Academic texts typically use acronyms to refer to books in Tana"ch, Talmud, and rabbinic literature. I am presently working on editing the citations given within a translation to bring them more in line with academic standards. However, I have only been able to find abbreviations for biblical books and sha"s. Is there any resource for academic abbreviations for other sefarim in Rabbinic literature?

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    To closure voters: This question is 100% explicitly about Judaism. – Isaac Moses Aug 13 '14 at 13:05
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    Related (and not closed): judaism.stackexchange.com/q/7171/3 – WAF Aug 13 '14 at 18:08
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    @IsaacMoses I cast the first close vote and am not sure why this is about Judaism. If I ask for a list of fonts used by publishers who happen to be Jewish book publishers, would that be on topic? This is a question which has to do with something Jewish, but so is a question about matzah ball recipes – Y     e     z Aug 14 '14 at 1:34
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    @YEZ This is about study of Jewish texts. There is no more Jewish activity. – Isaac Moses Aug 14 '14 at 1:35
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    @IsaacMoses Yes. How about questions about Jews, which is explicitly off-topic? I think generally experts on Judaism happen to be more aware of that also. Experts on Judaism aren't more likely to know this, or that, because of their expertise in Judaism, it's because of external details. – Y     e     z Aug 14 '14 at 1:49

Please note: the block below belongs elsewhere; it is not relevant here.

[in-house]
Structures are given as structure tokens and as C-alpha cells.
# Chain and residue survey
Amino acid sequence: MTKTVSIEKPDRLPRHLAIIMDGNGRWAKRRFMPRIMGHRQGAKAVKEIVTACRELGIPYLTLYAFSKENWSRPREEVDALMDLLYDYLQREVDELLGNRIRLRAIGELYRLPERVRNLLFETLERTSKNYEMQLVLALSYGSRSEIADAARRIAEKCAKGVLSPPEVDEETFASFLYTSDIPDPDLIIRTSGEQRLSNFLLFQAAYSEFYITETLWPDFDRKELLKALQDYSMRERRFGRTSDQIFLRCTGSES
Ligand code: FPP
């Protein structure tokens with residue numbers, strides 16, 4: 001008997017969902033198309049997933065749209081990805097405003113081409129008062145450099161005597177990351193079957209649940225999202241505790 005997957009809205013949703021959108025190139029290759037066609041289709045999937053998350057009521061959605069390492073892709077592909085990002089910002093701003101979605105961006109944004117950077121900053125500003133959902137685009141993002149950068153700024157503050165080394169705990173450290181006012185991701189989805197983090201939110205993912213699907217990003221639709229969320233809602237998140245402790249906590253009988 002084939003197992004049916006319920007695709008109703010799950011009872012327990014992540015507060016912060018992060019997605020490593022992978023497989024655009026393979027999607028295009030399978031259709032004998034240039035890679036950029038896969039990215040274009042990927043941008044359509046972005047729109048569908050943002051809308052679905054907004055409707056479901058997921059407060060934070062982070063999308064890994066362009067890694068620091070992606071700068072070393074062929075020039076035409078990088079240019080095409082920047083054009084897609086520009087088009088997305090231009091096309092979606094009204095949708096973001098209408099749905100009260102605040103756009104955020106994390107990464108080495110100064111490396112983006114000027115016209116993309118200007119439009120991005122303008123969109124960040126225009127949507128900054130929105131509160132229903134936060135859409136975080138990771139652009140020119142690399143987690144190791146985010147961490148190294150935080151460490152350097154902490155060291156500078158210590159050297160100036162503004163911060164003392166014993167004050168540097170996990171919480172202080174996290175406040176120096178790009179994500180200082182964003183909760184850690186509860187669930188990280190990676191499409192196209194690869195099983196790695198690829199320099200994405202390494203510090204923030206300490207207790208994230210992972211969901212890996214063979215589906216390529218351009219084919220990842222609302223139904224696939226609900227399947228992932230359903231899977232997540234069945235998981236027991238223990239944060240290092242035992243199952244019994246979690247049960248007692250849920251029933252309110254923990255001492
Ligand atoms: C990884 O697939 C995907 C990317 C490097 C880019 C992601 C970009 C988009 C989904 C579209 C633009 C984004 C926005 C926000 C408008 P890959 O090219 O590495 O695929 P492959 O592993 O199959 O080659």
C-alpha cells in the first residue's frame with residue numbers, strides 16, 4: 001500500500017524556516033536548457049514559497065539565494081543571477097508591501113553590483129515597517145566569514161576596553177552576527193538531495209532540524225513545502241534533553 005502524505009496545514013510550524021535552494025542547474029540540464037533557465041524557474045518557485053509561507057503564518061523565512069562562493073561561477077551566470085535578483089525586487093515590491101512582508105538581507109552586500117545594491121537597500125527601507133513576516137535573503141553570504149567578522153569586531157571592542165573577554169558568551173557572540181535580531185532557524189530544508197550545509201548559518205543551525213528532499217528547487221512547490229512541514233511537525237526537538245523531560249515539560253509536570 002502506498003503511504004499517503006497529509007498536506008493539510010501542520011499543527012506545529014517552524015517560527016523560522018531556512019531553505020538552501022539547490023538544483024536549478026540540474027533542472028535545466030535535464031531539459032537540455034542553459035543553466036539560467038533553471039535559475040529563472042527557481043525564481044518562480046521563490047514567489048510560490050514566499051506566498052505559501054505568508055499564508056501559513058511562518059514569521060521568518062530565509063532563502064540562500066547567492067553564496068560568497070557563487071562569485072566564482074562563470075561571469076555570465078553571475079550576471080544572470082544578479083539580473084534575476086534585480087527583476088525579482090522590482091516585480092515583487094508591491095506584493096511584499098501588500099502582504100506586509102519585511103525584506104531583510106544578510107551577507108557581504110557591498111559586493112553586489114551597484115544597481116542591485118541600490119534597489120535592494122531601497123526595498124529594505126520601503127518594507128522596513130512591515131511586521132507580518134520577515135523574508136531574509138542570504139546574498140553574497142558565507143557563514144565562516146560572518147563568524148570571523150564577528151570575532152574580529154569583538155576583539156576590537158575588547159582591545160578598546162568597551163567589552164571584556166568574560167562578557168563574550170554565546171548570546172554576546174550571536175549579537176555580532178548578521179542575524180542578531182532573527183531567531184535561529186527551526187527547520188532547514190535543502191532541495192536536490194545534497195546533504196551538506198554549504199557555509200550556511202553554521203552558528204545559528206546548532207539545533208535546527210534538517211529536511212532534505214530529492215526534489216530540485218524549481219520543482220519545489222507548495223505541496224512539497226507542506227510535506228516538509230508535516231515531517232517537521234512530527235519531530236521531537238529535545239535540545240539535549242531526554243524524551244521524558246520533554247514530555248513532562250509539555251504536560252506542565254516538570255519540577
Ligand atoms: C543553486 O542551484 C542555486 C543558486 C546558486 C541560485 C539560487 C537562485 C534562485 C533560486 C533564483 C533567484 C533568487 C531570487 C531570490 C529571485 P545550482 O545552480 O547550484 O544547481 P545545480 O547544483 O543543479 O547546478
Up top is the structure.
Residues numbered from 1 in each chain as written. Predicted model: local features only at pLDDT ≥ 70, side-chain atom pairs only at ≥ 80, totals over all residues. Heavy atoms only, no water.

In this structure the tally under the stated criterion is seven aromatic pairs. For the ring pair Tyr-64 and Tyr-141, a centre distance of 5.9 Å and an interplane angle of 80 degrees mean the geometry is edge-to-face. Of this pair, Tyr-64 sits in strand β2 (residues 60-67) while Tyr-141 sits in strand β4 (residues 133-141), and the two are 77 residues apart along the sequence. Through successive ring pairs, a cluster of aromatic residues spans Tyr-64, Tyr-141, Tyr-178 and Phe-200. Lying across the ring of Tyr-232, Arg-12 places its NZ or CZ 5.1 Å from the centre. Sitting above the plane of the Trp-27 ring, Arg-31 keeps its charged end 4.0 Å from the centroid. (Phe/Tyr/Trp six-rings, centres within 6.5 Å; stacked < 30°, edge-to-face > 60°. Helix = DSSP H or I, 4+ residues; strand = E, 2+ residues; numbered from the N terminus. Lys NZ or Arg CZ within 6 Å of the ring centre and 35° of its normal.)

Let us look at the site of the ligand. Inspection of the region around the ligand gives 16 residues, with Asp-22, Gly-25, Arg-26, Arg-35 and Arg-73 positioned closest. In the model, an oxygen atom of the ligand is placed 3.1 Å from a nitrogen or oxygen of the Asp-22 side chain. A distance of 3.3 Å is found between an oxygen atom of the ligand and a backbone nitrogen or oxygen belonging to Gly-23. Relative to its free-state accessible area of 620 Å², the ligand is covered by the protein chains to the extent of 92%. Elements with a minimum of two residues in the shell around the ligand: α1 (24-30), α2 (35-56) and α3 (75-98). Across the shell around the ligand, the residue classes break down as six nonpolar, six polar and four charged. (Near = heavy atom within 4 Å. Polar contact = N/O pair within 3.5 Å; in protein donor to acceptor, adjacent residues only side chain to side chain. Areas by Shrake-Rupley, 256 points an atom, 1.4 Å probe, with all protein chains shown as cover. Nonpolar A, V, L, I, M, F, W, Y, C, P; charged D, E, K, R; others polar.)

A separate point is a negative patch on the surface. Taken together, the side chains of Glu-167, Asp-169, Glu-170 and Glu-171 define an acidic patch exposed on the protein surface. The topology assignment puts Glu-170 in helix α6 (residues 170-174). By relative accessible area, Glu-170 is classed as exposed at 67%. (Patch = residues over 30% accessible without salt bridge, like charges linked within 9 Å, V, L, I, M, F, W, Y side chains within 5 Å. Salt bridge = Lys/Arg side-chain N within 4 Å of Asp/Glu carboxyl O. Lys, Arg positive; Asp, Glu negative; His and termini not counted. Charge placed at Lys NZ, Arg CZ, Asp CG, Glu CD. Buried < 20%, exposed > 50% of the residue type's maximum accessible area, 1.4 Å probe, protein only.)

Try the preface of an academic-style book on Talmud. The better editions of the Jastrow dictionary have an abbreviations page that I believe covers Talmud Bavli, Yerushlami, and Medrash including some names and lots of academic abbreviations other than titles.

  • There's an online edition of Jastrow here. English abbreviations begin on the second page of Abbreviations. – Isaac Moses Aug 13 '14 at 17:29
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    I've been using that online edition for years and never once bothered to look for the abbreviations page! Editing in now. – Yitzchak Aug 13 '14 at 17:31
  • It didn't have many of the abbreviations I was looking for. – Noach MiFrankfurt Aug 14 '14 at 1:45

Yes! I have always found קובץ ראשי תיבות וקיצורים and אוצר ראשי תיבות (free older print on HebrewBooks) to be extremely useful in breaking down roshei teivos that I did not understand.

Additionally, while I haven't used them at all (and therefore can't vouch for their reliability/usefulness), these websites (1, 2) from a Google search may also be of use to you.


Look in the luach roshei teivos in the back of the tanya. You'll find most of them there. Let me know if this helps

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    Rashei teivot work if I'm looking for the Hebrew forms, I'm looking for standard academic ones though. – Noach MiFrankfurt Aug 13 '14 at 2:07
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    @NoachmiFrankfurt there are academics who write in Hebrew too – Double AA Aug 13 '14 at 17:33
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    Yeah but they tend to have their own set of abbreviations. – Yitzchak Aug 13 '14 at 18:35
  • @DoubleAA, I realise, however since I am editing the citations in a translation, it seems kind of backwards to use Hebrew r"t. – Noach MiFrankfurt Aug 13 '14 at 19:21
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    @NoachmiFrankfurt I believe that DoubleAA is hinting that you ought to edit the question so that readers know, without digging, that you specifically want English abbreviations. – Isaac Moses Aug 14 '14 at 2:39

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